Dear conservative brothers and sisters. Are you sitting comfortably? Are you ready to witness one of the greatest show trials of the decade?
If so then plump up your cushions and get ready for the ‘prosecution of Lord Greville Janner’. It shall be a feeding frenzy like no other.
Earlier this year, the Director of Public Prosecutions Alison Saunders found that although there was sufficient evidence to prosecute Janner for alleged serious sexual offences, as there was undisputed medical evidence that Janner was not fit to stand trial – because of dementia – it was not in the public interest to prosecute. In sum, a criminal trial could not occur because of Janner’s dementia.
In addition, there was no point in charging and having a ‘trial of the facts’ (a different procedure – not a criminal trial) as he was no danger to the public. A trial of the facts is only necessary where there is an ongoing risk to the public.
Upon review by David Perry QC, it has now been decided that there should be a prosecution, although in truth there is little disagreement with Saunders’ decision.
The review agrees ‘that although there is sufficient evidence to prosecute, it is right to assume that Greville Janner will inevitably be found unfit to plead and therefore not fit to instruct his legal team and not fit to challenge or give evidence in a trial. Therefore, the most likely outcome of a “trial of the facts” would be an absolute discharge, which is neither punishment nor conviction.”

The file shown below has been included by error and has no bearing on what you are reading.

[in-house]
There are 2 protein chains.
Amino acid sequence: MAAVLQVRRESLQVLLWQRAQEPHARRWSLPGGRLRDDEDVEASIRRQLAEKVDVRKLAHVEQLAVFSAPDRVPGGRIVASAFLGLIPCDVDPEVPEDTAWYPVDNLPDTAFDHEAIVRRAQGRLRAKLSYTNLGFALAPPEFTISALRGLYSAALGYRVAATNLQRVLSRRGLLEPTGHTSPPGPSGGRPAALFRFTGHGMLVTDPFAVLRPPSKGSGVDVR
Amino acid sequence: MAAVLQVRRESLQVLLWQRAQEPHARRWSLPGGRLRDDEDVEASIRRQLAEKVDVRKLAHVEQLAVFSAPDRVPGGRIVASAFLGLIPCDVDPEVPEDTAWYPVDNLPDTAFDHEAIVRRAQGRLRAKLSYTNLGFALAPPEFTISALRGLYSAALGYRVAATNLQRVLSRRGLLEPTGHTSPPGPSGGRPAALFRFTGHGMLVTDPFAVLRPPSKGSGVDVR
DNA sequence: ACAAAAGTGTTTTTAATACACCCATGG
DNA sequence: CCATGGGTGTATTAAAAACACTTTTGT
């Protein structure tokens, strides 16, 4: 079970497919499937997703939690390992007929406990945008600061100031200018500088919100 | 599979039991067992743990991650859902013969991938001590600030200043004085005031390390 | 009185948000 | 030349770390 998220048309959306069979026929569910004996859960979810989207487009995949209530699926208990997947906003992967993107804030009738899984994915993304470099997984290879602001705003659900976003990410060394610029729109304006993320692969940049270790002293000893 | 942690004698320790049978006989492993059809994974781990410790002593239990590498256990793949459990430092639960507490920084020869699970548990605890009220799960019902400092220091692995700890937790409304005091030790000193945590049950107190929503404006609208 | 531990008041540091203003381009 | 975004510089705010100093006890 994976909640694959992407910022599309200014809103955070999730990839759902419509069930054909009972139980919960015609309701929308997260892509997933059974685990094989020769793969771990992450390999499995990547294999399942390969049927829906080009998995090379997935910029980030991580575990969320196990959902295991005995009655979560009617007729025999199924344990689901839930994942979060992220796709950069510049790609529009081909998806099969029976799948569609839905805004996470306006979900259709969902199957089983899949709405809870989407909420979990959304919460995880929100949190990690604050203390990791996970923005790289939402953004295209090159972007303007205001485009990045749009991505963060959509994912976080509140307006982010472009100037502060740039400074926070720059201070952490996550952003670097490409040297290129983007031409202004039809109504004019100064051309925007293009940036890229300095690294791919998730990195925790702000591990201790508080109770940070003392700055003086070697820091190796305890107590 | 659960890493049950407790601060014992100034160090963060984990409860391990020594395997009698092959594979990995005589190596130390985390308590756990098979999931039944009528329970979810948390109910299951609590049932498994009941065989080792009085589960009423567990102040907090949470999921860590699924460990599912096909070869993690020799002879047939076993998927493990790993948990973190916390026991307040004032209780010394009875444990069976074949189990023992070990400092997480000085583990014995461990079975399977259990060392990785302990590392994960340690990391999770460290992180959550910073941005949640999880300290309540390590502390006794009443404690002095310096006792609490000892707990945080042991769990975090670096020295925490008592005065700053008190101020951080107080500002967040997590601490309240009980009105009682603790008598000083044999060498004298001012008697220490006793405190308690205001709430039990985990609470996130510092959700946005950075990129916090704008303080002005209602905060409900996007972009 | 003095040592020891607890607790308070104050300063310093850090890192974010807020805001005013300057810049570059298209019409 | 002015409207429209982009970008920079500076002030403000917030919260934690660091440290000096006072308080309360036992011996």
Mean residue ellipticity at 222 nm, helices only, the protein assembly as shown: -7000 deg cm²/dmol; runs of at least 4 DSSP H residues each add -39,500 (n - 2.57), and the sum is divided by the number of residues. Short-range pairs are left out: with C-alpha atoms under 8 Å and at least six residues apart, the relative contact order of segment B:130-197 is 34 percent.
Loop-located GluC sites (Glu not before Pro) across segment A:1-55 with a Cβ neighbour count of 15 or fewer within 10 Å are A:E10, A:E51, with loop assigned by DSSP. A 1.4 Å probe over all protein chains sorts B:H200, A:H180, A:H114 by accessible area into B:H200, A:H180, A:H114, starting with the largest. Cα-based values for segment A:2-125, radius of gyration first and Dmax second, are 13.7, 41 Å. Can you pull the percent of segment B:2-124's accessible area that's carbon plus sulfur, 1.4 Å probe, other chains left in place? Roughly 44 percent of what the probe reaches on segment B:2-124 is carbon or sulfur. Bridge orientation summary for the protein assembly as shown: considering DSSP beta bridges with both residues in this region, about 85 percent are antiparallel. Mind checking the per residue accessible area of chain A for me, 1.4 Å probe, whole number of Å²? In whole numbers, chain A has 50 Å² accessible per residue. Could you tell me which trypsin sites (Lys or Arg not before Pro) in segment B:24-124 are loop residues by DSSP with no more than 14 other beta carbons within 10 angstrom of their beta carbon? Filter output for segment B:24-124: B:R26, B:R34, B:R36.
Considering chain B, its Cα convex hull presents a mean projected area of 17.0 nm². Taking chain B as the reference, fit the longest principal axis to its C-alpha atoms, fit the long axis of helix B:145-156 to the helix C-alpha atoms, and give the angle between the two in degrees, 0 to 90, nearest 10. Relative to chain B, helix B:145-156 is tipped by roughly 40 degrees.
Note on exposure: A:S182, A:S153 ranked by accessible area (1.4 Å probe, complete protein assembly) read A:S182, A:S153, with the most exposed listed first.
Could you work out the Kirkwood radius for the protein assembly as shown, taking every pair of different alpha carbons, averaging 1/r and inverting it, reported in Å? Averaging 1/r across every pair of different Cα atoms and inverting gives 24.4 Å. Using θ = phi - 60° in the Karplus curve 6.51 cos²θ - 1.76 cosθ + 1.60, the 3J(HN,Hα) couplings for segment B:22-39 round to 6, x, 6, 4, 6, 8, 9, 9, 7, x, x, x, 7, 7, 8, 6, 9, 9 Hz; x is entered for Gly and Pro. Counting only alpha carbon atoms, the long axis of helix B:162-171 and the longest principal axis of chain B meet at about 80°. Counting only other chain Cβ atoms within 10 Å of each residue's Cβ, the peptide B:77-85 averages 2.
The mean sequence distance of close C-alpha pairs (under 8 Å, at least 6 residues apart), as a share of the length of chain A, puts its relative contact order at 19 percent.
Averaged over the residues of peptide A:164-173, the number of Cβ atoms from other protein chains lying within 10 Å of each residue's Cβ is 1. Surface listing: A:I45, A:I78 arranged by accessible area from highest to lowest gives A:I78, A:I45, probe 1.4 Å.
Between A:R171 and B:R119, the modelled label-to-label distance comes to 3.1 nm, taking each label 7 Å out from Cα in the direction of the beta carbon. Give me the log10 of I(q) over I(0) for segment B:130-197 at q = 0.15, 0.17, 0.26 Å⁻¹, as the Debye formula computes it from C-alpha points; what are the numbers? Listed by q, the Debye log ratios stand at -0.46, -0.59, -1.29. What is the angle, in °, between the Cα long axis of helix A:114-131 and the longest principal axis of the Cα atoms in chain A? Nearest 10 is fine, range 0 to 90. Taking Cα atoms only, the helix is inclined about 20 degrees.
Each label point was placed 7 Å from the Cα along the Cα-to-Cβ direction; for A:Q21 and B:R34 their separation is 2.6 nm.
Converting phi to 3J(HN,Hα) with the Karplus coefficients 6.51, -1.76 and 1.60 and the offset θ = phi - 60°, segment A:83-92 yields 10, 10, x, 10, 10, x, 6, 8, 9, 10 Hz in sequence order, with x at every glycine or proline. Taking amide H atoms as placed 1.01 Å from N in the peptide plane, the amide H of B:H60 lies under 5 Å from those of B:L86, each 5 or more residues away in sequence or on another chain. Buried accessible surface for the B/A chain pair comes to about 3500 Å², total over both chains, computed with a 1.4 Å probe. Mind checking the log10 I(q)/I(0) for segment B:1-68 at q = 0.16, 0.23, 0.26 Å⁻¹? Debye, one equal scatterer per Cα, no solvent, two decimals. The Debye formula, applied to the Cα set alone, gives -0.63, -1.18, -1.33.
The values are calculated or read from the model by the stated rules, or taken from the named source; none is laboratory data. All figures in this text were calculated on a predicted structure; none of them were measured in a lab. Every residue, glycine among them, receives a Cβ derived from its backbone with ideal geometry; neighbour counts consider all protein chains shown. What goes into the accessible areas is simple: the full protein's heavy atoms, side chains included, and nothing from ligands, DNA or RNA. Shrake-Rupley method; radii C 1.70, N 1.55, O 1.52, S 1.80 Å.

So I ask, if the review agrees that there will be neither conviction nor punishment what is the point of having the lesser procedure, a trial of the facts, at all? The only point is to simply bow to public and political pressure and use the criminal courts as a therapy session for complaints.
I know many conservatives may be overjoyed that the Saunders decision has been overturned. However this would be wrong because we conservatives should hold the rule of law higher than the urge to have a media stoked witch-hunt – no matter how vile the allegations might be.
What we will now witness is the ‘trial’ of a senile octogenarian unable to understand the case against him, unable to instruct his lawyers, and unable to offer any evidence in his defence. It is questionable whether he will even be able to attend. Sure, we might as well just throw him in water and see if he sinks or swims.
This prosecution is a colossal waste of money. Clearly something went wrong with the Crown Prosecution Service in that it failed to bring charges when Janner actually could receive a fair trial. Now that he can no longer be tried this public money would be better spent finding out why and who failed to prosecute.
This decision represents a low point in British justice. It is a grim business indeed.